But although Benjamin’s brief story begins as a melancholy tale of a woman determined to end her grandmother’s pain, it metamorphoses quickly into a narrative about collective guilt and complicity in historic injustice. The narrator recalls her grandmother in her later years talking about “the little girls“ and expressing dismay verging on despair at half-formed memories. The granddaughter, who as a younger woman thought her older relative was confused or referring to her in obscure terms, slowly comes to understand that Grandma’s true subject is the girls at a residential school where she once taught. Benjamin spares his reader details of the severe mistreatment the Indigenous girls went through (save for a reference to “being forced to eat their own vomit”), but the grandmother’s upset at her role in the school’s operation bleeds through the second-hand narration.
The older woman’s epiphany about her complicity in a genocidal system of abuse and racial erasure has caused her significant pain in later years; the implication is that her undertaking to care for her granddaughter was motivated, at least in part, by a desire to atone for the sins of her past. The two things are explicitly linked in the narrative: we are told that on the day Grandma rescued the narrator “from [her] mother’s drunken chaos,” the residential school burned down. The fire appears to have been set intentionally, and the narrator recalls what her grandmother whispered to her at the time: “They must be happy to see it burn.”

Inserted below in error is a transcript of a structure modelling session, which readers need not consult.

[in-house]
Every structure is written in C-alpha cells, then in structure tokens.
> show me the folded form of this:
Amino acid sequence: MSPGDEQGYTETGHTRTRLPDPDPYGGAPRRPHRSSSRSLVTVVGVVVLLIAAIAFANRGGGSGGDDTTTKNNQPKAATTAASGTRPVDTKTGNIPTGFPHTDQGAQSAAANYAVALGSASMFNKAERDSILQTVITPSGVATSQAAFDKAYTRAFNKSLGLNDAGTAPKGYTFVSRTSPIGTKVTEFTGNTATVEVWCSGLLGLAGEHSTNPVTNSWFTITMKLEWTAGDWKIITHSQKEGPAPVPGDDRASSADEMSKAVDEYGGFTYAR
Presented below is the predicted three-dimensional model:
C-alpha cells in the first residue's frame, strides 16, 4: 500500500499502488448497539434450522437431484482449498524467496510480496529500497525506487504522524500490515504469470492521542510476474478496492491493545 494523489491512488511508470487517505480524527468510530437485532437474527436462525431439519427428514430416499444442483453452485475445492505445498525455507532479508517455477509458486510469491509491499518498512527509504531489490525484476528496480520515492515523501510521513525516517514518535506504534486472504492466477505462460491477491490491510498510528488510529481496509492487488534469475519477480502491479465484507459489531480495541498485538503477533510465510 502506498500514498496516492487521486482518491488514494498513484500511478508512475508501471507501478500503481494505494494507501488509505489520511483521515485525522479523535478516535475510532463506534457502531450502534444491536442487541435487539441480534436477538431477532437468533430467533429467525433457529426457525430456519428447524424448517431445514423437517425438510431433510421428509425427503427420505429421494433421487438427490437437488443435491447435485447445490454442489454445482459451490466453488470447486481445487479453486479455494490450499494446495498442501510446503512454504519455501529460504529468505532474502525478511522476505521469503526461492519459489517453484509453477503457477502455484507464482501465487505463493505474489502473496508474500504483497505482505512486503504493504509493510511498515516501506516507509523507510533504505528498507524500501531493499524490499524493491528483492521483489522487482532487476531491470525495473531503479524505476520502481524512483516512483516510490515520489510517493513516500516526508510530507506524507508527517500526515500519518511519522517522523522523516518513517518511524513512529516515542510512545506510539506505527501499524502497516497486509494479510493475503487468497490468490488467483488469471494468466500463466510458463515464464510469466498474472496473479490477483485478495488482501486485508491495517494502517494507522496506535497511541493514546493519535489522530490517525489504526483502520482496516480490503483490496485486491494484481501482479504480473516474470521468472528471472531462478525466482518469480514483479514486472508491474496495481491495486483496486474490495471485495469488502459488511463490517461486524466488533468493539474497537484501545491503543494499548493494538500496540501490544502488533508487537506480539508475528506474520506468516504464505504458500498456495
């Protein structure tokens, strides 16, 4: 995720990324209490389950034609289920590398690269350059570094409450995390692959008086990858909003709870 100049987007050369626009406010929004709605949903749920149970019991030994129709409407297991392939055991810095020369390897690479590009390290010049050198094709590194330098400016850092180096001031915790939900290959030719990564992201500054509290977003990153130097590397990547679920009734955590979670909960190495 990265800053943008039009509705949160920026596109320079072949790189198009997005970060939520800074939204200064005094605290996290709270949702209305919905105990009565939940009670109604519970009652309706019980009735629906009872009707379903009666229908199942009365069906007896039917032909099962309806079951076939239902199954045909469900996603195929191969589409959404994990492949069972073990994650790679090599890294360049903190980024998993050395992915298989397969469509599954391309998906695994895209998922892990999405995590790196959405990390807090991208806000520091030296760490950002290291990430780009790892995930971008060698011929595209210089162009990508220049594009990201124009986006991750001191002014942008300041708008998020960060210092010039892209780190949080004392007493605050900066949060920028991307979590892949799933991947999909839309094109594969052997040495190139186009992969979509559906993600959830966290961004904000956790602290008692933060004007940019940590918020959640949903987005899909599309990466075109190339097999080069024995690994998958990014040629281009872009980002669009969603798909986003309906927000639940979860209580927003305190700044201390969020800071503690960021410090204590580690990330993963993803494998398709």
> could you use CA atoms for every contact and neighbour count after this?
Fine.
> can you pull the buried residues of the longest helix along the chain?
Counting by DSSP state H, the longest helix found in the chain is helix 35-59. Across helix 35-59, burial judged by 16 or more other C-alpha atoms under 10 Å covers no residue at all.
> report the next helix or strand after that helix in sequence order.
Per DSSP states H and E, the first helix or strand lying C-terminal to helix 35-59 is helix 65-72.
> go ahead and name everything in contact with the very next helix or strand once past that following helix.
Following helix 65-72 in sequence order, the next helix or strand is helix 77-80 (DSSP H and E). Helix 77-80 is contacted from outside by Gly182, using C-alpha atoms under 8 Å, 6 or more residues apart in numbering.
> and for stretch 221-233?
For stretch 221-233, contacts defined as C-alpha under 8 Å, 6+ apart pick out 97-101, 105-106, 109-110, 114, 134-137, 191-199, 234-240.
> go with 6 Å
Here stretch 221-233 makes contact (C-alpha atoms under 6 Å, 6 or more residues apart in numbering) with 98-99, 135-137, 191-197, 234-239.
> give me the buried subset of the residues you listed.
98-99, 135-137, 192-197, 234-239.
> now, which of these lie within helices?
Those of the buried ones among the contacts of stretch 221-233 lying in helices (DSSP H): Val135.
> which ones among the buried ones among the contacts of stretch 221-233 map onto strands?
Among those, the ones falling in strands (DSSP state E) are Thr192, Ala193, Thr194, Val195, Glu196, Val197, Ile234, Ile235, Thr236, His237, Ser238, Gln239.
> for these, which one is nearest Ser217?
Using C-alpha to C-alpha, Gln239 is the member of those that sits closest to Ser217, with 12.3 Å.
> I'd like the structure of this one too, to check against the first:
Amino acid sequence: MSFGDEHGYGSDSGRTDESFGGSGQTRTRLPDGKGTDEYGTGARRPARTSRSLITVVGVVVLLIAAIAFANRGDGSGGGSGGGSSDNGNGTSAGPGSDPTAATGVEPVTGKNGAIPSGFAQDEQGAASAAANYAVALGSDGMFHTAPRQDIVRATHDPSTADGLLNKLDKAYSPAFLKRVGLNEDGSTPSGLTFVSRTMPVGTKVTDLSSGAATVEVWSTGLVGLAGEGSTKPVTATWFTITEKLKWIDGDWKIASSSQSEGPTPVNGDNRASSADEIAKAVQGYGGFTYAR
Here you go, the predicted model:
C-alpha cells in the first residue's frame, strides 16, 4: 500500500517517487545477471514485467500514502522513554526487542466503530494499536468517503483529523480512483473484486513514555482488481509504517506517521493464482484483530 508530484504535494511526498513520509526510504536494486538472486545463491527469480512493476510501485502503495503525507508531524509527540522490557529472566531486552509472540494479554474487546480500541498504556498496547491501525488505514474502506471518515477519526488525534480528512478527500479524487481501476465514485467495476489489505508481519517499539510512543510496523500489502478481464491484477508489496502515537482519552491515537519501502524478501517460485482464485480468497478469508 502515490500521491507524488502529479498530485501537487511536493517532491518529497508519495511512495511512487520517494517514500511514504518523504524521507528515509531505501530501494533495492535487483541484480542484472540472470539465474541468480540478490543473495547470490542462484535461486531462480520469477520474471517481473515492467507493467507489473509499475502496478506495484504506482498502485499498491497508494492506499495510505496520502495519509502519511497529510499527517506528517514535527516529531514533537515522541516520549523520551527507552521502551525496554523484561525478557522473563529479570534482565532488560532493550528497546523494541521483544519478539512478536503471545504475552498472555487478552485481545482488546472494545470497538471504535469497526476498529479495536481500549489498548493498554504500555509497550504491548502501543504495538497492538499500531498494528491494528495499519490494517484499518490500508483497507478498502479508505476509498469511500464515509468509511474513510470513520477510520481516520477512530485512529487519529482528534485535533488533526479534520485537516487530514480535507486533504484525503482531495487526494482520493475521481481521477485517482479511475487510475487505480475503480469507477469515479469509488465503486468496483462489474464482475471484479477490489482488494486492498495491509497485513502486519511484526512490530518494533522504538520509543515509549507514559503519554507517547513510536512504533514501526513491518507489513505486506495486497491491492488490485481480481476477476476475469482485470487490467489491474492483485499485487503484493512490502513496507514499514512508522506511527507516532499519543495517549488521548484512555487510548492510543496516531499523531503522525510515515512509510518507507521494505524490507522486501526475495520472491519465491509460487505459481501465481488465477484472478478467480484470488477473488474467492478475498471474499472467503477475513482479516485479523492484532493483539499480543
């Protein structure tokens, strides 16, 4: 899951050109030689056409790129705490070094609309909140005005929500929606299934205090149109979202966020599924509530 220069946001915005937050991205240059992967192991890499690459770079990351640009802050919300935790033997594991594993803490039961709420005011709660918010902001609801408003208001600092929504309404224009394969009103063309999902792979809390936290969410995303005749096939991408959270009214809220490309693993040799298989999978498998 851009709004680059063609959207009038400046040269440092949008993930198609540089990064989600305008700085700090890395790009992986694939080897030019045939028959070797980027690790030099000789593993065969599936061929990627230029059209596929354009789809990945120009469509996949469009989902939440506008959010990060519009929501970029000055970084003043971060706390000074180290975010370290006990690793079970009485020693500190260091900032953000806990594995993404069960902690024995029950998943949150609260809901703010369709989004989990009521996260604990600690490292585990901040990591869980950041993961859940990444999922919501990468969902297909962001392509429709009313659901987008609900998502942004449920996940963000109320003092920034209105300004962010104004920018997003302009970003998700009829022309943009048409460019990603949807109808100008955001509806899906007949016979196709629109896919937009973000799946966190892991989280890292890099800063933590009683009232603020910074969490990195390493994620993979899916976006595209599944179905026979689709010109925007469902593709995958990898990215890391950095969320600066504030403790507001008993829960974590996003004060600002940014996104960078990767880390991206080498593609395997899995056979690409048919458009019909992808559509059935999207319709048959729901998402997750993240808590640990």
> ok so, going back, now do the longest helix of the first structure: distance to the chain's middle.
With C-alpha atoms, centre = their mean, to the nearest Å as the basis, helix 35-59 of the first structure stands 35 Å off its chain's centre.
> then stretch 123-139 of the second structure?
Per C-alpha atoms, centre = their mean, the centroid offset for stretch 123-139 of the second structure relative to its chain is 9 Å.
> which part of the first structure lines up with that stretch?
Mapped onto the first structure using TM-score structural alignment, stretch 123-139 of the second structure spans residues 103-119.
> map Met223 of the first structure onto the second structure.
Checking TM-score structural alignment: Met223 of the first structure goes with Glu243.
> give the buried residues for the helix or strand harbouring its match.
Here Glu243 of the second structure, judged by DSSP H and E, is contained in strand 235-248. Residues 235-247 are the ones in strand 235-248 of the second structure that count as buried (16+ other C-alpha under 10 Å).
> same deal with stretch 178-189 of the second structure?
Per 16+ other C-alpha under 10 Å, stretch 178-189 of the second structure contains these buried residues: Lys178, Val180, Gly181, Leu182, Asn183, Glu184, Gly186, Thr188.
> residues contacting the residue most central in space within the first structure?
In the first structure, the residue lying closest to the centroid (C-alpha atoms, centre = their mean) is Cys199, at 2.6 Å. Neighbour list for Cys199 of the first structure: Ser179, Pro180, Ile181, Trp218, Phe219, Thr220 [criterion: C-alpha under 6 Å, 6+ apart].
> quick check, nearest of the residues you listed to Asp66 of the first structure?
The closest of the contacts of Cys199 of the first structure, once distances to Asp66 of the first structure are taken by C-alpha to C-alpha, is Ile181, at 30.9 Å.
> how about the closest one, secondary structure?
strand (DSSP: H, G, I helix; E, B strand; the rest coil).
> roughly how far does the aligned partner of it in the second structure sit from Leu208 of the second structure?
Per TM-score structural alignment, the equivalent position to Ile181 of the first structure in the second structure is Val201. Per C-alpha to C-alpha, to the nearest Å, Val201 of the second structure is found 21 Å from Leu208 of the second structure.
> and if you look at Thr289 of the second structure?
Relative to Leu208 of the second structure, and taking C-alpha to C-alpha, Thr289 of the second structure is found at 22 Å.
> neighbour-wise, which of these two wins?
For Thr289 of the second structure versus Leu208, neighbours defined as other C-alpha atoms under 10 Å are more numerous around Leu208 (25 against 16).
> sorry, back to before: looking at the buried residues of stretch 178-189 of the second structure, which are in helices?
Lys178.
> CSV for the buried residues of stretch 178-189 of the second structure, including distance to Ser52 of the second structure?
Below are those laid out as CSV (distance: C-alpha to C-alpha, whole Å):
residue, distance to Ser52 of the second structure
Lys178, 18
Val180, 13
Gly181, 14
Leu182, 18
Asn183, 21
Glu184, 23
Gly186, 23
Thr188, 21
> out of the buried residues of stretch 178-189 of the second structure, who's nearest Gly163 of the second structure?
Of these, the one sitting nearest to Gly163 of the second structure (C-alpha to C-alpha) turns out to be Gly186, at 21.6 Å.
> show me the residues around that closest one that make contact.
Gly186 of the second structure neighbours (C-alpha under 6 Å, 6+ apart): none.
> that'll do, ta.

Grandma’s desire to assist the less fortunate is clear, though she recognizes that good intentions cannot absolve her from her part in a hateful, racist system. “I wanted to help the needy, to get my hands dirty,” the narrator remembers her grandmother saying. “I certainly did that.” It was not until much later that the narrator understood what the older woman meant and made the connection between her grandmother’s pervasive sense of guilt and the notion of her getting her hands dirty.